Will Unwound #838: “Thoughts About Mom”August 21, 2013
A year ago my sister Amy gave a wonderful eulogy of Mom. What I found interesting was that Amy focused a good bit of her talk on Mom’s insistence that her children read only “the good stuff.” Amy was quick to add that the “good stuff” included Catcher in the Rye: “We were reading Catcher before Salinger was a household name. ” As Amy said this I glanced up at the presiding priest. He chuckled nervously.
In my grief I smiled for a couple reasons: 1) Amy was always a bit of a free spirit in high school when I knew her best and it was nice to know she hadn’t changed, and 2) My mother had to be smiling about making Father a little nervous. Mom had a very unusual relationship to the Catholic Church. She was a Protestant who attended daily Mass but never converted over to Rome. In my altar boy days, Father Gillio would always ask me to pray for my mother’s conversion. This always infuriated Mom. She stayed unconverted to the day she died, but she won a final point: Father allowed a funeral Mass for her.
“Will, there is more to life than baseball” Mom would say to me all during my boyhood. She could see that I loved two things growing up – books and baseball, and it frustrated her to realize that I loved baseball more. My steady diet of baseball books did not receive her stamp of approval. As Amy stated, Mom wanted us reading “the good stuff.”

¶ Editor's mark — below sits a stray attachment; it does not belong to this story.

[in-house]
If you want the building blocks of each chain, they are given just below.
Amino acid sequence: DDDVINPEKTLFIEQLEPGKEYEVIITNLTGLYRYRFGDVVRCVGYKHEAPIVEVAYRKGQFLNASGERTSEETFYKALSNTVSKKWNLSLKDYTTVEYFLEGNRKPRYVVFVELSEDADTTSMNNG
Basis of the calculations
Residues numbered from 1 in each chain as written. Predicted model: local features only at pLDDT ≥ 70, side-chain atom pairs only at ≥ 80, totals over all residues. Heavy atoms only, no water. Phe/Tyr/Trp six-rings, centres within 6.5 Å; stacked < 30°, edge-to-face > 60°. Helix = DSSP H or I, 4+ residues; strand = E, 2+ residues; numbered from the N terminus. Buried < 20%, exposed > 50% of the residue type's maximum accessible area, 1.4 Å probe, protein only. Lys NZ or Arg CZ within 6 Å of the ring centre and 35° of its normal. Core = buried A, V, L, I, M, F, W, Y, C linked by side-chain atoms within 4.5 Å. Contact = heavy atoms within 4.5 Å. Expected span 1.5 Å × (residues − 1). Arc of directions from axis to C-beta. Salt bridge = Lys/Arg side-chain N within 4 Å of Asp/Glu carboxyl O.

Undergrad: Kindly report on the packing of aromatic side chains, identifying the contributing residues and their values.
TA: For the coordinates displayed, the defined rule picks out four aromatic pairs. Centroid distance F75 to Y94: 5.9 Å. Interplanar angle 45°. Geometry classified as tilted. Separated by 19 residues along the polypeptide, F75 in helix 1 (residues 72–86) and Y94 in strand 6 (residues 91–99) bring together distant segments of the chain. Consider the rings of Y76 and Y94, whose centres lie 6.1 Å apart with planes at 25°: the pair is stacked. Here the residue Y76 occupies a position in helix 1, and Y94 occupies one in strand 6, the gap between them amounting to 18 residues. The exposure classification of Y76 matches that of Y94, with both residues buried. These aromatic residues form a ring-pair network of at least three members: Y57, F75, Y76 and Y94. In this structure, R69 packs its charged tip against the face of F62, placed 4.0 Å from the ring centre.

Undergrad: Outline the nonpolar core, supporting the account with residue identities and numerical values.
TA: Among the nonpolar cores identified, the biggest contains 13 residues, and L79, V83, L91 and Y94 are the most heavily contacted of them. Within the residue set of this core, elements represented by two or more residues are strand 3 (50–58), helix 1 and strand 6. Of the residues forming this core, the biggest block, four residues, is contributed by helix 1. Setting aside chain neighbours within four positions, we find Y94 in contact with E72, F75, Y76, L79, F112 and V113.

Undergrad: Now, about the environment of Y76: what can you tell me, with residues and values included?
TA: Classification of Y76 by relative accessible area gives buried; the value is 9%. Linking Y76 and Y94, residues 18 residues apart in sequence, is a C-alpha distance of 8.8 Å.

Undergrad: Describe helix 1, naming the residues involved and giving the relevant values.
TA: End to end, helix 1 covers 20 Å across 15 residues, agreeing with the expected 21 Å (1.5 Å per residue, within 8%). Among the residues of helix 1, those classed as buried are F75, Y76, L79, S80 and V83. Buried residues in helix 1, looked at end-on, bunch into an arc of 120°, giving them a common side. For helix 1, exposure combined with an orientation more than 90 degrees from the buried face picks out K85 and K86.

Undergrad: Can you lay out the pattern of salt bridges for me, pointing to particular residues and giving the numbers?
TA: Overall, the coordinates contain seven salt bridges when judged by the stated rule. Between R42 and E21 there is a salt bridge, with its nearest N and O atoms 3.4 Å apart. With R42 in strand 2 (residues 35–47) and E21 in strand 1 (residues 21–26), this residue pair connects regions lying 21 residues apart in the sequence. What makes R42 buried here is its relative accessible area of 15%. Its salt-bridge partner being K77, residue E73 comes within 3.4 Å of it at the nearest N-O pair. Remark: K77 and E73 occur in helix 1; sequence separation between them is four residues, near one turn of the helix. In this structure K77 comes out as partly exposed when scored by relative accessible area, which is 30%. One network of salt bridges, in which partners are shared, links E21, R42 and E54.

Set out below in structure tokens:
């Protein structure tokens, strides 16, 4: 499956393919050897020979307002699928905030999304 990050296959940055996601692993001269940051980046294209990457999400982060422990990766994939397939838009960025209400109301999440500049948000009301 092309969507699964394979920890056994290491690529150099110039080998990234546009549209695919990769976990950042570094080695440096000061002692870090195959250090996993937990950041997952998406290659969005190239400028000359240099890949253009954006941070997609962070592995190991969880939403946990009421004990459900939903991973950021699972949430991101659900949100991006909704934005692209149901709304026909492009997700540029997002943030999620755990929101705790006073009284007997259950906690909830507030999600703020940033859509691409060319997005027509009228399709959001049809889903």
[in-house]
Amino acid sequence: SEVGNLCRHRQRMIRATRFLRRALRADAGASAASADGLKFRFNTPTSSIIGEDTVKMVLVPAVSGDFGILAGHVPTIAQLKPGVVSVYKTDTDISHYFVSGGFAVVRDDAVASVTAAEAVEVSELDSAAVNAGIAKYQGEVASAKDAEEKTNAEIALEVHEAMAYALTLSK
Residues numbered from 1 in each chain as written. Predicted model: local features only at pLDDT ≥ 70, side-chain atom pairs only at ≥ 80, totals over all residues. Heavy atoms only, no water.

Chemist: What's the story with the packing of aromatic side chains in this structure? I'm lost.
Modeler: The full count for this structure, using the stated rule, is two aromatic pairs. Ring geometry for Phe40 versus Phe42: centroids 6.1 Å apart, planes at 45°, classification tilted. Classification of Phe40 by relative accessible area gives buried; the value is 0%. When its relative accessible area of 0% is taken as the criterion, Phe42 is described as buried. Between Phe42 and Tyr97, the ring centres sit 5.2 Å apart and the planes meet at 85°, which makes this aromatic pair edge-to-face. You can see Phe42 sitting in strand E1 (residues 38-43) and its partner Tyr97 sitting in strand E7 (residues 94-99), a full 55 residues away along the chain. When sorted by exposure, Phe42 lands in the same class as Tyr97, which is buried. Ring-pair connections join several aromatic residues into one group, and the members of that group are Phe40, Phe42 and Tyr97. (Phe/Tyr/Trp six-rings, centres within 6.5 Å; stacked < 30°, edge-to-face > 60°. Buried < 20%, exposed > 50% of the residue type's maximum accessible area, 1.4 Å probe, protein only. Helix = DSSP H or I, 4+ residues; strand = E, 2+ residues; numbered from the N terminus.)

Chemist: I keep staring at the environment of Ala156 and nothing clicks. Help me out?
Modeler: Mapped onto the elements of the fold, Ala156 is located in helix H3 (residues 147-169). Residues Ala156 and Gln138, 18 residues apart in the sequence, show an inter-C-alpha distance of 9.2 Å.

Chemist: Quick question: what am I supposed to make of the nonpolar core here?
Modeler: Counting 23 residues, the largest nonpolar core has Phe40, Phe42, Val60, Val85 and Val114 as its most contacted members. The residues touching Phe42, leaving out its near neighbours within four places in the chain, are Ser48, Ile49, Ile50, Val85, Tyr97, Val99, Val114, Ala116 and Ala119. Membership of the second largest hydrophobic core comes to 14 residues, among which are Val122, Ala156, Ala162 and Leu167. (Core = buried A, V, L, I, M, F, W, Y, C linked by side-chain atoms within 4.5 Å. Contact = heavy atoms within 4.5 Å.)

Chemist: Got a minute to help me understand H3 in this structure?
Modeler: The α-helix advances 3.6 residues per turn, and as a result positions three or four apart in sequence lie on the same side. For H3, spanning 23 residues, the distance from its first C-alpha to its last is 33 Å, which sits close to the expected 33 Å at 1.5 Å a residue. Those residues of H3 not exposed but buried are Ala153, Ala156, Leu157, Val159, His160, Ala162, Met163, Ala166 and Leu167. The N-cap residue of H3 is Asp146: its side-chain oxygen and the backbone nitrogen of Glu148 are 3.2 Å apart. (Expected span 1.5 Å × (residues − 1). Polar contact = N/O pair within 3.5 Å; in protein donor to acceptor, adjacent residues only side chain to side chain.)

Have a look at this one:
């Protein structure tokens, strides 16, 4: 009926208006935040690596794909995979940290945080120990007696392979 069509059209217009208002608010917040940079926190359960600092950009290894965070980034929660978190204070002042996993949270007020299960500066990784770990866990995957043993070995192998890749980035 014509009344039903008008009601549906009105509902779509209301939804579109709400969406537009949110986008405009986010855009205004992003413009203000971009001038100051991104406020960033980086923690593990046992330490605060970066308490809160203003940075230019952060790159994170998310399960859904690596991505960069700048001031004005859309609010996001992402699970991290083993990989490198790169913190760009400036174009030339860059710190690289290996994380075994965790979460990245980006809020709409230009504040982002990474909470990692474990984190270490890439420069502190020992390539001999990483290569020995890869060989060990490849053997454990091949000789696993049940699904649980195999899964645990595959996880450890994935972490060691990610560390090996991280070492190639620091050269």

Finally Mom got smart and gave me a baseball book by a great author: The Natural by Bernard Malamud. Now I realized the difference between a “fun read” and “great writing,” and I never looked back. Life, I realized, is just too short to settle for less than the best when it comes to reading, and in many respects I became a bigger literary snob than Mom.
In her final years, she still made book recommendations to me. By now all of her reading was in the spiritual area. A couple of years before her death she strongly recommended that I read The Shack, a very imaginative but not particularly well written fictional account of the Trinity. She thought the book would help me deal with an ongoing tragedy in my life.
“How did you like it?” she asked on one of our long, rambling weekly phone calls.
“Great concept but very poorly written. Surprised you’d recommend it.”
“I was afraid you’d say that,” she said, but I’m sure she was smiling when she said it.